We all know those people who don’t seem to have any trouble getting their stuff done.
It could be that they can easily say no to incoming requests so they just focus on one key task or goal. It could be that they have so effectively delegated that the amount that is on their individual plate is totally achievable without extra hours.
But most of us are often in the boat of not being able to achieve everything. That’s when we start wondering whether a new productivity system or yet another productivity habit is what we need.
New systems and habits take time to implement. And new habits especially when they sound like ‘productivity’ don’t sound like a fun way to spend one’s time. So when should you consider investing the time in a productivity system? Here’s an equation for you.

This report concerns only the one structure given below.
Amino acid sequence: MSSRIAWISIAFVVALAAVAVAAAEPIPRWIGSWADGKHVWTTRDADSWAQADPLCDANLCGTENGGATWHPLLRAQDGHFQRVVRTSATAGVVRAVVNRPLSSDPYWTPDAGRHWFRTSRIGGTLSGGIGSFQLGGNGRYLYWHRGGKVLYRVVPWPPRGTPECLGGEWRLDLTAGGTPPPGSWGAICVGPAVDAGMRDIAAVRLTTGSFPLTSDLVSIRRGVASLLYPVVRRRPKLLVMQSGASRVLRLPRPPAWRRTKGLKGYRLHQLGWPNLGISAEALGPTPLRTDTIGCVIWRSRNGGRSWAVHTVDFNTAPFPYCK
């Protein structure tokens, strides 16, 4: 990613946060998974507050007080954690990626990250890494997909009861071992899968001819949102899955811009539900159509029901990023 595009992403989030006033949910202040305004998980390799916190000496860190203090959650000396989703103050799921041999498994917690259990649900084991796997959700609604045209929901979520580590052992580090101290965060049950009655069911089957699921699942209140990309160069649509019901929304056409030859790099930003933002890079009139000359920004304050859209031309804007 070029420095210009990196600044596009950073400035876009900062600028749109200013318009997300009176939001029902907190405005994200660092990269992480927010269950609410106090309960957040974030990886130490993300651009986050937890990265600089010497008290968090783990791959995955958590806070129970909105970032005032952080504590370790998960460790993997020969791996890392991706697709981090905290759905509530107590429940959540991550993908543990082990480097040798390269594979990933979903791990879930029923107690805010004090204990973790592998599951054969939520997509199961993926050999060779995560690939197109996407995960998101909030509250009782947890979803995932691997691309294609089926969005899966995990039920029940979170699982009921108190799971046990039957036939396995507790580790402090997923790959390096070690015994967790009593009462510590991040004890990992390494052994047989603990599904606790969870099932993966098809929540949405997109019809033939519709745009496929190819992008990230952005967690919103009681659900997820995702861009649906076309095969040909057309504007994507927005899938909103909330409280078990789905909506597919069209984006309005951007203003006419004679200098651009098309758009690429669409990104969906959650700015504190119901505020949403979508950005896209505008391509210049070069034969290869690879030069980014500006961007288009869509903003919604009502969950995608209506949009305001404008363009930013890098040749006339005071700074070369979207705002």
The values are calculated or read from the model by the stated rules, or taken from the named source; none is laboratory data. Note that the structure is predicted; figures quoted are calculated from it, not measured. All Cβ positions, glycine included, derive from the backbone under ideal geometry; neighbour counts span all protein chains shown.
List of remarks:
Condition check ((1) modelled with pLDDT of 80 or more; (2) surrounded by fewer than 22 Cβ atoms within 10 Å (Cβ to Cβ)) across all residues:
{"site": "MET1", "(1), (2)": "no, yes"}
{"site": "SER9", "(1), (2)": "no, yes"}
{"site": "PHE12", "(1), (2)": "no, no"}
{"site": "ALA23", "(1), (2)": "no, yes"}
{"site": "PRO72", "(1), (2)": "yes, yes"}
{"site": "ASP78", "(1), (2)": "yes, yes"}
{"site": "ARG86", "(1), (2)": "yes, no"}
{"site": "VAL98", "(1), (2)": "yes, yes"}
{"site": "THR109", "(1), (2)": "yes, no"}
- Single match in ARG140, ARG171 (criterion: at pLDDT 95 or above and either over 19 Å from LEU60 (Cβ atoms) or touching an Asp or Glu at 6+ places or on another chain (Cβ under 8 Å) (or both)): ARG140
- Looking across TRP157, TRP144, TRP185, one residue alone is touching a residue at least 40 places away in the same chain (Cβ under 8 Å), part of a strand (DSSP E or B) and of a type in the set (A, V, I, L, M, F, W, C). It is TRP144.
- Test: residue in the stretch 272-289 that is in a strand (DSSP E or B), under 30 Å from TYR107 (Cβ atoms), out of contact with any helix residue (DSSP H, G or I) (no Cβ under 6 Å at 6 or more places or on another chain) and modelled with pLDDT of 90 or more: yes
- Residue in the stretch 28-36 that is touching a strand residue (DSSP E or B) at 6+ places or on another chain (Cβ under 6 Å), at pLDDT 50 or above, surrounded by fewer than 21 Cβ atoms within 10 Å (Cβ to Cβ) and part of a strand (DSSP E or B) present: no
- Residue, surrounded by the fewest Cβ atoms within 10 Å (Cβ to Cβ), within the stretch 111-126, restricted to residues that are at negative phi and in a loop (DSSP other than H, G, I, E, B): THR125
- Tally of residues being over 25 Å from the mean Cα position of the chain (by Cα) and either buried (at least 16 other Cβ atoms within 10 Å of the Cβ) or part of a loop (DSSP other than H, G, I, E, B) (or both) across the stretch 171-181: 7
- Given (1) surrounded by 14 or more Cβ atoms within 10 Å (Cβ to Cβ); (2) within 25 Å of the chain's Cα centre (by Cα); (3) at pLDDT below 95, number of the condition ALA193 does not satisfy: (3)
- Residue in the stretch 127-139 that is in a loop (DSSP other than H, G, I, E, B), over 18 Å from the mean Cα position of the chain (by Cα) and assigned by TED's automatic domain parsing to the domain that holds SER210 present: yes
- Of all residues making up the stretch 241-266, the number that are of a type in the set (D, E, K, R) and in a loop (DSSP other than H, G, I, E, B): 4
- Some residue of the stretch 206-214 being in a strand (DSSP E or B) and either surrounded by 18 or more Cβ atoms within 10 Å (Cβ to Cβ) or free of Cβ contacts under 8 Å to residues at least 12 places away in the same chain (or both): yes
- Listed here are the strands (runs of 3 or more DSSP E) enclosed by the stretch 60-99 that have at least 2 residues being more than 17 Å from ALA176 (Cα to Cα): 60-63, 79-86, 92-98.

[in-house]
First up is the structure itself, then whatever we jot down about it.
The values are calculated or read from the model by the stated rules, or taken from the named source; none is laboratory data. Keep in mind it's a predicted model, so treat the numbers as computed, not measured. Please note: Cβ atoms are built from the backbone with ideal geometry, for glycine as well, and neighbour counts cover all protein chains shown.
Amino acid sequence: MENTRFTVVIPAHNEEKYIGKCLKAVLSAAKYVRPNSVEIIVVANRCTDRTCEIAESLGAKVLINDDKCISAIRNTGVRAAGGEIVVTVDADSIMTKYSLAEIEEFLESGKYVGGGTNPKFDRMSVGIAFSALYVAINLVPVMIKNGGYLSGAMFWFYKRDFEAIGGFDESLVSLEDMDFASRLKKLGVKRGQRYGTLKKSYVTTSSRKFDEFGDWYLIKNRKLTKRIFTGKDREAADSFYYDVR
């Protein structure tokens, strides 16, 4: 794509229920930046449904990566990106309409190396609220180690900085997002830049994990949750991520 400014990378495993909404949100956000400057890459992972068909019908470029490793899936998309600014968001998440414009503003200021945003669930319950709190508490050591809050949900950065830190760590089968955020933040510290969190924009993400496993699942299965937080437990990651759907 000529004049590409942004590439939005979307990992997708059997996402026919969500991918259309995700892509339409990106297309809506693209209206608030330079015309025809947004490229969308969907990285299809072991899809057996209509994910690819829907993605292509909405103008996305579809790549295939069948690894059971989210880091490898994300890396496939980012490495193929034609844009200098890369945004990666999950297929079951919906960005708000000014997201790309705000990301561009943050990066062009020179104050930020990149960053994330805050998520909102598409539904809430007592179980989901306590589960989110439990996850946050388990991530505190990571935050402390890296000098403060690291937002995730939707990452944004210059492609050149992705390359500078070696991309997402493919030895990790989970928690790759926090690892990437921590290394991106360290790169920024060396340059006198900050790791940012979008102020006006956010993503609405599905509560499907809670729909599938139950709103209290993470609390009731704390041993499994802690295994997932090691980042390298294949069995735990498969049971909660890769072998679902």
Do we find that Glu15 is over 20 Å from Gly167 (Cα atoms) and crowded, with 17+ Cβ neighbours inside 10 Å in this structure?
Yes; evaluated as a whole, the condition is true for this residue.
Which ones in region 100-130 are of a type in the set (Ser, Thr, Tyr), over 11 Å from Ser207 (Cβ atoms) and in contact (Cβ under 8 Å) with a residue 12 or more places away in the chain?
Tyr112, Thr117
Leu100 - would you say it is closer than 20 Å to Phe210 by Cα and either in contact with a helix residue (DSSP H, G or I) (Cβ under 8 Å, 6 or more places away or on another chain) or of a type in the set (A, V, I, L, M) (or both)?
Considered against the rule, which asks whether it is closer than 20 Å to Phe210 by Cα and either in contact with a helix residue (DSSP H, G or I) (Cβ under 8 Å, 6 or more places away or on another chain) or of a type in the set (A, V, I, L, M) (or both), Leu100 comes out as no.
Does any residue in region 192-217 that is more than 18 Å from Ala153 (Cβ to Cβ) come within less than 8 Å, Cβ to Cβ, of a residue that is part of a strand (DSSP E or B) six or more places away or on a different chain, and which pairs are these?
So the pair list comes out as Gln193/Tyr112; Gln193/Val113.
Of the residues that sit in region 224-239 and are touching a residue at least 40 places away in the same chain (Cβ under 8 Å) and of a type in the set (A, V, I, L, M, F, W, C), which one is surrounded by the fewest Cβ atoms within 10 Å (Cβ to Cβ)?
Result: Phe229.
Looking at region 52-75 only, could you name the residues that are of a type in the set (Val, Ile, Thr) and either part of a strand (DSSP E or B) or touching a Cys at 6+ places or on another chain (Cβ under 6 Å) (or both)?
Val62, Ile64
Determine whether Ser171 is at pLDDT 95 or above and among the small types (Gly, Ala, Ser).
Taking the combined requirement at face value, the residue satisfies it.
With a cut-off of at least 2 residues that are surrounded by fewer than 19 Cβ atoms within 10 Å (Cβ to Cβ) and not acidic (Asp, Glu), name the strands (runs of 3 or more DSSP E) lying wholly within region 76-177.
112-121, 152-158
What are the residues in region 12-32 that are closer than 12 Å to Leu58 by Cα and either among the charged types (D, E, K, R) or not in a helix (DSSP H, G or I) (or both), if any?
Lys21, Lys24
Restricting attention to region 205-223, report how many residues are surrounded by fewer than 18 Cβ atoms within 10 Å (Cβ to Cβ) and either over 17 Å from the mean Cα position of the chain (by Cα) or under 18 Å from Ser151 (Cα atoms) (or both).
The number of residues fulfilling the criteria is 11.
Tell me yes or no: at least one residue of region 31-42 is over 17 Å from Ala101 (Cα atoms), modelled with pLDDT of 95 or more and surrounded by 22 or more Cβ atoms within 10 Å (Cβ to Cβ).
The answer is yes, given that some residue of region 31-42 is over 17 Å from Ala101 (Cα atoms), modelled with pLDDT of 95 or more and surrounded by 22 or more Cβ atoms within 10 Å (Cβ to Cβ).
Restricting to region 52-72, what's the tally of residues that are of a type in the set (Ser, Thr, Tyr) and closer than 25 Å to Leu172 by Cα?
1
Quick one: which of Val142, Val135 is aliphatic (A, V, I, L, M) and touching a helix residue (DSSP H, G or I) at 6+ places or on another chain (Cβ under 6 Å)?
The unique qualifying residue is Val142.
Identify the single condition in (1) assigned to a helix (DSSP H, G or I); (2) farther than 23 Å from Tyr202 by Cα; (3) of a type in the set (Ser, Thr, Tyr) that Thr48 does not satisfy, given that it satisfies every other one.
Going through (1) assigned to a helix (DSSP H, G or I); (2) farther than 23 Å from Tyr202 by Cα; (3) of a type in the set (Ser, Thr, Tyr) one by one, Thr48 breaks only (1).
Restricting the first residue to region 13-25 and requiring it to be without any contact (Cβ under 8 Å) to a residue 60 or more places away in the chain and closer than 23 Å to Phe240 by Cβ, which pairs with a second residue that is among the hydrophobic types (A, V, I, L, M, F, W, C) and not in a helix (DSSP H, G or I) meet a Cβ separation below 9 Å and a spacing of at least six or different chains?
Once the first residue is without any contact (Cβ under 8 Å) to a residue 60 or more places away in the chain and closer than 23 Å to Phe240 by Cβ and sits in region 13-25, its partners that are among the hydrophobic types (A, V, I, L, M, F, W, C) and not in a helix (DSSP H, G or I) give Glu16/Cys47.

commitments (the things you must do) > capacity (the ability to get things done),
the difference is not getting resolved without angst …,
you could use some productivity enhancements.
Why? Because productivity is fundamentally the system that resolves that imbalance between commitments and capacity.
Productivity systems and habits work on two aspects of productivity. The first aspect is what we are referring to in most cases when we say ‘I need to get more productive’. We first look to increase our capacity. We try to get more done in the same amount of time.
The second aspect usually comes after we’ve reached that peak capacity and realize it isn’t effective enough. We learn to start shaving off commitments. You shave off commitments by doing things such as refusing them in the first place (saying No), or referring someone else to do the work (transferring them to someone else).
If you have an imbalance in that equation, start looking at your productivity toolset and how to tweak it to make balancing your commitments versus your capacity easier.